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Arthritis in Pets


X-rays can show up most (but not all) conditions affecting the bony structures of the joints, limbs and spine, and some soft tissue structures as well. I am often asked why vets need to heavily sedate or anaesthetize an animal for this. For the x-ray to provide as much useful information as possible, your pet must be still during the process. Modern anaesthetics are very safe, and most practices now have a nurse monitoring the animal under anesthetic constantly. Trying to interpret a poor x-ray can sometimes be just as dangerous as guesswork. So if your vet recommends anaesthetizing your pet to x-ray him, there are good reasons why this is helpful in confirming a diagnosis.

Blood Samples

Blood samples are useful for looking at for instance, increased white blood cell count for supurative arthritis, Rheumatoid factor, and anti-nuclear antibody for auto-immune mediated arthritises.


Ultrasound is of limited use as far as the bodies bony structures go, as ultrasound waves only penetrate the bone very shallowly.


Arthroscopy - a tiny camera inserted into the joint - a little more specialized, but becoming more prevalent these days. Can show changes in the cartilage which may not show up in x-rays, because cartilage is not mineralized with calcium.

Contrast Radiography

Contrast radiography - a dye opaque to x-rays is injected into the joint, and an x-ray taken. This could show up particle of cartilage broken off from the joint surface - or joint mice as they are otherwise known.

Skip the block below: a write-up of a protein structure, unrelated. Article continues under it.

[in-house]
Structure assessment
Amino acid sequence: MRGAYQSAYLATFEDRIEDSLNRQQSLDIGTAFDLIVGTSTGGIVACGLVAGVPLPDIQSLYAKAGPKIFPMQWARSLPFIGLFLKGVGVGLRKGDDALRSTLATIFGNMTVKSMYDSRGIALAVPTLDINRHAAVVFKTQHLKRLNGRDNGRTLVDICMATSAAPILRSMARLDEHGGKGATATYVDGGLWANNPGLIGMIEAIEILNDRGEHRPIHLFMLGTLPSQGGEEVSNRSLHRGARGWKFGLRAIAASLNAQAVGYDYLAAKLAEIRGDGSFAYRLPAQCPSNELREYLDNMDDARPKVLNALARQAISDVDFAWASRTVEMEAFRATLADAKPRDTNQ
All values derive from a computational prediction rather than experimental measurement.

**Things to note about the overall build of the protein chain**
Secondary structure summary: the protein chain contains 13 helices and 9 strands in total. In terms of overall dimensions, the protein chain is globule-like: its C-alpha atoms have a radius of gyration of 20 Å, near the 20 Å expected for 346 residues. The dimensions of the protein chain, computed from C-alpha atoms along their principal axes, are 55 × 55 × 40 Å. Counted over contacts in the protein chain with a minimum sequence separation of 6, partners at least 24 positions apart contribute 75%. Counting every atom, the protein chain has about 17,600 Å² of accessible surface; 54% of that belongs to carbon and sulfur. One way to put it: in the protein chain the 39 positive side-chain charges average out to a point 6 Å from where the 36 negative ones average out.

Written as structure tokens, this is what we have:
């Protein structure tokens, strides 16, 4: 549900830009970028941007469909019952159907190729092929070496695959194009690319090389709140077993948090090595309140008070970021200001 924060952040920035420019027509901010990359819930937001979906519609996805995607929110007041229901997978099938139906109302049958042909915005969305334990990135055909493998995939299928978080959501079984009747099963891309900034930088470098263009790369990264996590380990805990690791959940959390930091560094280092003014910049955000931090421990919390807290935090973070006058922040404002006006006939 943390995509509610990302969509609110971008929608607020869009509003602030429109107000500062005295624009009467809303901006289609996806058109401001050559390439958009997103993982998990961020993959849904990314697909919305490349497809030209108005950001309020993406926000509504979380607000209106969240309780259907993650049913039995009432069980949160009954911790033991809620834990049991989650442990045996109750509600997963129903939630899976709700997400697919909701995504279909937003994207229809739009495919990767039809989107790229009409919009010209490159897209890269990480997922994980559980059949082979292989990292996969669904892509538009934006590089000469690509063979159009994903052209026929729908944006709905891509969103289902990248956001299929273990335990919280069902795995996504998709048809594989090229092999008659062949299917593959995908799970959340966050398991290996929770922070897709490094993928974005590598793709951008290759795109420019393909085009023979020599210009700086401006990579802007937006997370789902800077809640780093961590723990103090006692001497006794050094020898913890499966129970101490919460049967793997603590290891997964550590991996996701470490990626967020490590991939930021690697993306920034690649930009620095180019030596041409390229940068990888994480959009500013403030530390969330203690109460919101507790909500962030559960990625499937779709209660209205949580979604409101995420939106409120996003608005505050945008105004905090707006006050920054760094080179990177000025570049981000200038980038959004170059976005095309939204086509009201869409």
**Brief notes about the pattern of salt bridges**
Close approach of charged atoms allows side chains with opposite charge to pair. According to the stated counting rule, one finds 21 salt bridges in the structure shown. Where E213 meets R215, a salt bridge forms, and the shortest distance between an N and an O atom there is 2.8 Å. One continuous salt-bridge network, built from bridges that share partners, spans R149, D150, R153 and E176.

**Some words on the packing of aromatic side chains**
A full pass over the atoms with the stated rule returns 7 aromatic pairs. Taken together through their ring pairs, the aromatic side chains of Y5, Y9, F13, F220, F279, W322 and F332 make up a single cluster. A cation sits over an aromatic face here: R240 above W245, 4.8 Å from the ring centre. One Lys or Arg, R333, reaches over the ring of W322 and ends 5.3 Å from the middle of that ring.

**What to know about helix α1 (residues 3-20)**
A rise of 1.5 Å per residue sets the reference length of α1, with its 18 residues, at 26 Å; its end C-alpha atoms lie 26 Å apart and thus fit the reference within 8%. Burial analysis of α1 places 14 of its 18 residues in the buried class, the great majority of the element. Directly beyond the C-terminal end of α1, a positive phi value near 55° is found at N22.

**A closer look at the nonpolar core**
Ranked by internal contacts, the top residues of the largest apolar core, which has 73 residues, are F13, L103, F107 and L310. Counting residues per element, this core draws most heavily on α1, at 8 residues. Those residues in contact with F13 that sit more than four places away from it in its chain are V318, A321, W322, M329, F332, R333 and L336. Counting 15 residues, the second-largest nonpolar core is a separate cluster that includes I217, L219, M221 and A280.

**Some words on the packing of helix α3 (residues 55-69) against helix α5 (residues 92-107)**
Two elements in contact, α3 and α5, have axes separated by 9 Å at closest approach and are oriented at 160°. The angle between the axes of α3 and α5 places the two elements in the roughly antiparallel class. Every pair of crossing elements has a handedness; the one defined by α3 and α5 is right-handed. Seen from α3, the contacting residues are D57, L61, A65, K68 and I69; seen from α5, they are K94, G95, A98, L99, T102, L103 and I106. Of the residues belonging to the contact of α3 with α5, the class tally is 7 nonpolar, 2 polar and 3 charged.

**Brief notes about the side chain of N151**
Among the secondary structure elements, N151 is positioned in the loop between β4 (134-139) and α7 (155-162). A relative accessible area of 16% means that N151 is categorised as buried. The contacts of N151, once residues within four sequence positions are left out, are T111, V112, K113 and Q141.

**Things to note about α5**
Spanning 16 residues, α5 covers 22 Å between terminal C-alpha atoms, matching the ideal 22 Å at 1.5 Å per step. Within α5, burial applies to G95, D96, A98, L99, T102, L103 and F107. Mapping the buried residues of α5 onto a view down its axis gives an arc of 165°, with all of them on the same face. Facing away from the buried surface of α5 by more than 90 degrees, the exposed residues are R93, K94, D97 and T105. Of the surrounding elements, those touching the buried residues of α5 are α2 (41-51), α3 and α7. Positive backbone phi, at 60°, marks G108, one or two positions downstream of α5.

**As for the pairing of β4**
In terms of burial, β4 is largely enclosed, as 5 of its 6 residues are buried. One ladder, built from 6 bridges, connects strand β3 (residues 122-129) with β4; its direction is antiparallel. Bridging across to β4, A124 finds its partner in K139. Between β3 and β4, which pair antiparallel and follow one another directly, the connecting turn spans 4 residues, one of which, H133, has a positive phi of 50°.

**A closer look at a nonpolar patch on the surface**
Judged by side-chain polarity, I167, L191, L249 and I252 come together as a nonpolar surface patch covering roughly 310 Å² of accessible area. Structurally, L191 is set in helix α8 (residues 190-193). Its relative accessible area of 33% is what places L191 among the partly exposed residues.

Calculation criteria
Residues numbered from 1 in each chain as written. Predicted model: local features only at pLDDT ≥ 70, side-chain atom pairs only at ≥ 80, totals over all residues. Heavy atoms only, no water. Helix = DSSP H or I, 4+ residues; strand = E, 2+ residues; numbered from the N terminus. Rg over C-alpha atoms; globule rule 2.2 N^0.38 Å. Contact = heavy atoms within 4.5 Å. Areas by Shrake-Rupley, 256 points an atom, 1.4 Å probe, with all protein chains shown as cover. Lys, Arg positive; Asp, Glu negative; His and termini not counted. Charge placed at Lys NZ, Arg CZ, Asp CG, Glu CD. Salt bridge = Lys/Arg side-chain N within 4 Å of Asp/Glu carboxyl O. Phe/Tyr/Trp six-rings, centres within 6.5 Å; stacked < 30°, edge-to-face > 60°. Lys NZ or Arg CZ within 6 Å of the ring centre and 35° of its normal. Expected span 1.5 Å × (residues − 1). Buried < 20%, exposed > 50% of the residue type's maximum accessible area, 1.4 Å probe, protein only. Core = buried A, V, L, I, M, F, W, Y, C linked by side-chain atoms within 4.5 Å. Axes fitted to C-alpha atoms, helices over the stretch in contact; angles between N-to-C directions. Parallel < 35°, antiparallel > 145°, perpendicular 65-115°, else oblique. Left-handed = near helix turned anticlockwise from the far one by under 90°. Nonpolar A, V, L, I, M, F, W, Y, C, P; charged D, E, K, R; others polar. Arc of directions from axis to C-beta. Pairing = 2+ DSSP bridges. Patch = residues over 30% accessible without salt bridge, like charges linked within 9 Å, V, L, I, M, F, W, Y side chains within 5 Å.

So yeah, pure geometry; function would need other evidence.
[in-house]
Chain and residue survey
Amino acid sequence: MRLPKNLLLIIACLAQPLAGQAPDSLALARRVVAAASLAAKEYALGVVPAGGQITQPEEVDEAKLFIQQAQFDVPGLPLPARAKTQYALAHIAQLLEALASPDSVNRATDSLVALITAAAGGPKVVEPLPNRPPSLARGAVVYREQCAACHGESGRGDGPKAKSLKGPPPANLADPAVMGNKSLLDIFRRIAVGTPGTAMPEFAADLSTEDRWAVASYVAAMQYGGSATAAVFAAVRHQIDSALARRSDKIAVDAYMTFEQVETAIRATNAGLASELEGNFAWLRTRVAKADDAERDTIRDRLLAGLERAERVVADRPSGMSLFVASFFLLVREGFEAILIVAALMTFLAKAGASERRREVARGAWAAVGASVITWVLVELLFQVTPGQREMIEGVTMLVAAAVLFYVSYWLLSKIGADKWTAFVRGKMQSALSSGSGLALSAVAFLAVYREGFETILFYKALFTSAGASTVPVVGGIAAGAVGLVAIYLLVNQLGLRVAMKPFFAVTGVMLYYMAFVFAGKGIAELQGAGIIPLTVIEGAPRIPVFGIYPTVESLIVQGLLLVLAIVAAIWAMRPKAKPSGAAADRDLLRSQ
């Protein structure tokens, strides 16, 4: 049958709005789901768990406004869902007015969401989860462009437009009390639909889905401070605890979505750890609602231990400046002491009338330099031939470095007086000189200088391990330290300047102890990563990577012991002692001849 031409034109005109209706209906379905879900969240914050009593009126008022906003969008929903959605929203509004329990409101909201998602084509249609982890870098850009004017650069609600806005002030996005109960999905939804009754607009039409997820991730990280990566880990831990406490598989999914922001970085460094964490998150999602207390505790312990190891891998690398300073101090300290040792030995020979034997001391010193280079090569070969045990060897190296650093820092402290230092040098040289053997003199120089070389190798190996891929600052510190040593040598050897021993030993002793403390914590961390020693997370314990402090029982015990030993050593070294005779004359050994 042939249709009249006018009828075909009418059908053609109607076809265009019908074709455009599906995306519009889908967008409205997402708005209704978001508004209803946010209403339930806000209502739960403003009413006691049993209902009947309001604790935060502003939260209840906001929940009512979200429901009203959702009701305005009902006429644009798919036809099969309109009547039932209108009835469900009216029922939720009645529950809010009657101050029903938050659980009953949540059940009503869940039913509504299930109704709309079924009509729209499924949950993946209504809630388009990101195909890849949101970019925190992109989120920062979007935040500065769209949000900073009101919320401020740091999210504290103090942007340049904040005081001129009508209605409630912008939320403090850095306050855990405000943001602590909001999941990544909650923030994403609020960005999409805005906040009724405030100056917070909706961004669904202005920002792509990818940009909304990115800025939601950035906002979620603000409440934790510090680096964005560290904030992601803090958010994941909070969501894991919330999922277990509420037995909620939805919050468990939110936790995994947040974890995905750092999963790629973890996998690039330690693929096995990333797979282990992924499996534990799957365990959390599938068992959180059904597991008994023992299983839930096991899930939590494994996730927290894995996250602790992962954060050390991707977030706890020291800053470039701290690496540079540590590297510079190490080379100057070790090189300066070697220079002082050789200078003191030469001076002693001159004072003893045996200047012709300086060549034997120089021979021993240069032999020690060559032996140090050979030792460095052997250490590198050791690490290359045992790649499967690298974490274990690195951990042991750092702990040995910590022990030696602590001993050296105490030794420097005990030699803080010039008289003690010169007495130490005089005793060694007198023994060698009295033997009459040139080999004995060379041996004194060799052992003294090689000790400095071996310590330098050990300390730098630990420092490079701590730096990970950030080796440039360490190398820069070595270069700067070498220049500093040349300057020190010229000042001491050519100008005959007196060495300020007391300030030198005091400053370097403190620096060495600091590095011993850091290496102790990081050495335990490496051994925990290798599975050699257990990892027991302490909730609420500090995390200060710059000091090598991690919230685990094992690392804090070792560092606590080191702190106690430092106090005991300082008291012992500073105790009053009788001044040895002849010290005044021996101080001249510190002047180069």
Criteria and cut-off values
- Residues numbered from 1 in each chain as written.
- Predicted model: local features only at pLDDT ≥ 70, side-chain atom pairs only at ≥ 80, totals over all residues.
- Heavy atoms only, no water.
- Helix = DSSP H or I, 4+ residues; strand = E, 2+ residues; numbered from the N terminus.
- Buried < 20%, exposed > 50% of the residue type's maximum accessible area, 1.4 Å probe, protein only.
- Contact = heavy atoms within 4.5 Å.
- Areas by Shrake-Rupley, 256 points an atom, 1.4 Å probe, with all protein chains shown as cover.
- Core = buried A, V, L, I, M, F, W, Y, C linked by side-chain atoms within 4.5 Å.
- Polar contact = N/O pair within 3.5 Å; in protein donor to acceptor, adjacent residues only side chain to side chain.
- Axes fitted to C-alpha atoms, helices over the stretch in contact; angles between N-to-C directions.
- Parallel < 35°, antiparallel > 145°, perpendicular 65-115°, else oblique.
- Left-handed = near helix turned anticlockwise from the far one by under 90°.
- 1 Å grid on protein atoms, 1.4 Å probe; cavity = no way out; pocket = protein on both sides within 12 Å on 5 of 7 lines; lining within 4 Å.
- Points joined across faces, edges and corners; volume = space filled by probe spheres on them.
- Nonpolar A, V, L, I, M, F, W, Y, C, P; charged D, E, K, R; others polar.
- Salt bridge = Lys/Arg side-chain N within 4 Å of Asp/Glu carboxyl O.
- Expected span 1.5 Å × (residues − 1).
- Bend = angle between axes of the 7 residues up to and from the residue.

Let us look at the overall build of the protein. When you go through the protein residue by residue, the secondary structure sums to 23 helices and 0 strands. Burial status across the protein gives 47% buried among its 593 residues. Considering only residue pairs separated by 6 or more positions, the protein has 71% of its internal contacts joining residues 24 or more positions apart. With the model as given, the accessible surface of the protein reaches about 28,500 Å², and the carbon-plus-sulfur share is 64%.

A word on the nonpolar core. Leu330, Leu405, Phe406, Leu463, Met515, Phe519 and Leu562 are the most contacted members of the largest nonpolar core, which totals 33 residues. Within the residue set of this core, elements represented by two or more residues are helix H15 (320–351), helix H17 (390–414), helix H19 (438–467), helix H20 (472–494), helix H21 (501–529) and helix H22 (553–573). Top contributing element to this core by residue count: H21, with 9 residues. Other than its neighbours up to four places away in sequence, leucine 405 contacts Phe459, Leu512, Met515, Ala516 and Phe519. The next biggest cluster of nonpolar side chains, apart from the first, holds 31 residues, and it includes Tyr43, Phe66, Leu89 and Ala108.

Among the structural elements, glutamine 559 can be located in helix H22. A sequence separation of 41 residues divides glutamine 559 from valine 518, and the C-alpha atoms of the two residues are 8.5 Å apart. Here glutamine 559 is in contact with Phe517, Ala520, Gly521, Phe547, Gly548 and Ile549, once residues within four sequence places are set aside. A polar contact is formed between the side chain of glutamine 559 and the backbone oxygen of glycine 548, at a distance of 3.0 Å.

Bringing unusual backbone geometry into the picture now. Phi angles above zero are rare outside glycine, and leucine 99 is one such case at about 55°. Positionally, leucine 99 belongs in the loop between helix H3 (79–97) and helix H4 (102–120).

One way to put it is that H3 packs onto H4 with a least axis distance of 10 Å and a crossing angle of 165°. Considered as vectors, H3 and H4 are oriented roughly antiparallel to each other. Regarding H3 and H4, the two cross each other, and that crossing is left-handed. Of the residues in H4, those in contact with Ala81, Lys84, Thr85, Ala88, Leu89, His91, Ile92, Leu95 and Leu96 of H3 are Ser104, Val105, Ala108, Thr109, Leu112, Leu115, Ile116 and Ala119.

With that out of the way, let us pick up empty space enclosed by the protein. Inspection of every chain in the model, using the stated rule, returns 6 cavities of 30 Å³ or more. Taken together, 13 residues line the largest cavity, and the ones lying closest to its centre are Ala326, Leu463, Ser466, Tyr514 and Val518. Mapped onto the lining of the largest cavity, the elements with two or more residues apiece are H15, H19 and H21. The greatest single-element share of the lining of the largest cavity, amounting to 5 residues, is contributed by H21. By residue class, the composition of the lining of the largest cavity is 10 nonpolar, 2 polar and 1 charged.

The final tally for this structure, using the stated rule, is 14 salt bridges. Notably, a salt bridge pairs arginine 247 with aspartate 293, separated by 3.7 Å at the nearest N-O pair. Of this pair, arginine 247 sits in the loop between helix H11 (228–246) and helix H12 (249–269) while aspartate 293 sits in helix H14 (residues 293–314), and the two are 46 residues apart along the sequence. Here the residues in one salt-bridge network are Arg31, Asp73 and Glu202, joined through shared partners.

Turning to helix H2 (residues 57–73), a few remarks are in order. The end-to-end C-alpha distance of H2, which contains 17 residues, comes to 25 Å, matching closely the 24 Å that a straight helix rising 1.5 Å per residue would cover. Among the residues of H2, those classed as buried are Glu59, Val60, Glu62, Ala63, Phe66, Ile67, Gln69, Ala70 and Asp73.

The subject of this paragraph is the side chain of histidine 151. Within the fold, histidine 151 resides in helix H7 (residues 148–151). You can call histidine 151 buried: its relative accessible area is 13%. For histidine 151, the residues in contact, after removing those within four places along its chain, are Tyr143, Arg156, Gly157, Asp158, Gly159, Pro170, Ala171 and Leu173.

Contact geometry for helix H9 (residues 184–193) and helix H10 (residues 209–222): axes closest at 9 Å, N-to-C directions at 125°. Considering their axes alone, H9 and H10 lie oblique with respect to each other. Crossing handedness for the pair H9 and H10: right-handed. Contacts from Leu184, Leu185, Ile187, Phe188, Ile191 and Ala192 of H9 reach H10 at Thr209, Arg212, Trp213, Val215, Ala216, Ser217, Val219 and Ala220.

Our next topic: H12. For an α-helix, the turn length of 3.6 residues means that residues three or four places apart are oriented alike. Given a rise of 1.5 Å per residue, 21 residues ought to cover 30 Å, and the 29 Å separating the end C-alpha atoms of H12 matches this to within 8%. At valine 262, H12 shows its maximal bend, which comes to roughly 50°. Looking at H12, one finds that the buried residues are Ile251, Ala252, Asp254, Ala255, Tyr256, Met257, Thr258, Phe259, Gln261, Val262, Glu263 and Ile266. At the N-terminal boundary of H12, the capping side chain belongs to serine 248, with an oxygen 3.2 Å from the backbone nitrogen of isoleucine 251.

This is not a comprehensive list of diagnostic techniques, but covers most of them currently used in modern veterinary medicine. Next time I'll start discussing the treatments currently used in conventional veterinary medicine.

Rimadyl and other NSAIDs

Rimadyl is a nonsteroidal anti-inflammatory drug. It is similar to drugs like aspirin and ibuprofen. While it is quite effective at treating the pain, it does absolutely nothing to treat the disease or rehabilitate the joint. Furthermore, it has potentially lethal side effects.


Glucosamine is very promising in the treatment of arthritis and hip dysplasia in cats, dogs, and horses. Tests have shown it is effective in easing the pain and aiding in the rehabilitation of damaged cartilage. More information on treating pets with glucosamine can be found here.

Read the Consumer's Guide to Glucosamine Products for Pets

More information on arthritis in pets

Featured Resources
1. Arthritis in Dogs and Cats
2. Guide to Glucosamine Products for Pets
3. Canine Hip Dysplasia
4. The Scoop on Rimadyl
5. Arthritis in Pets
6. Recommended Books about Arthritis in Pets
7. Helping Arthritis in Pets with Glucosamine
8. The Pet Arthritis Chronicle
9. Liquid Glucosamine Formula Syn-flex for Arthritis in Dogs & Cats
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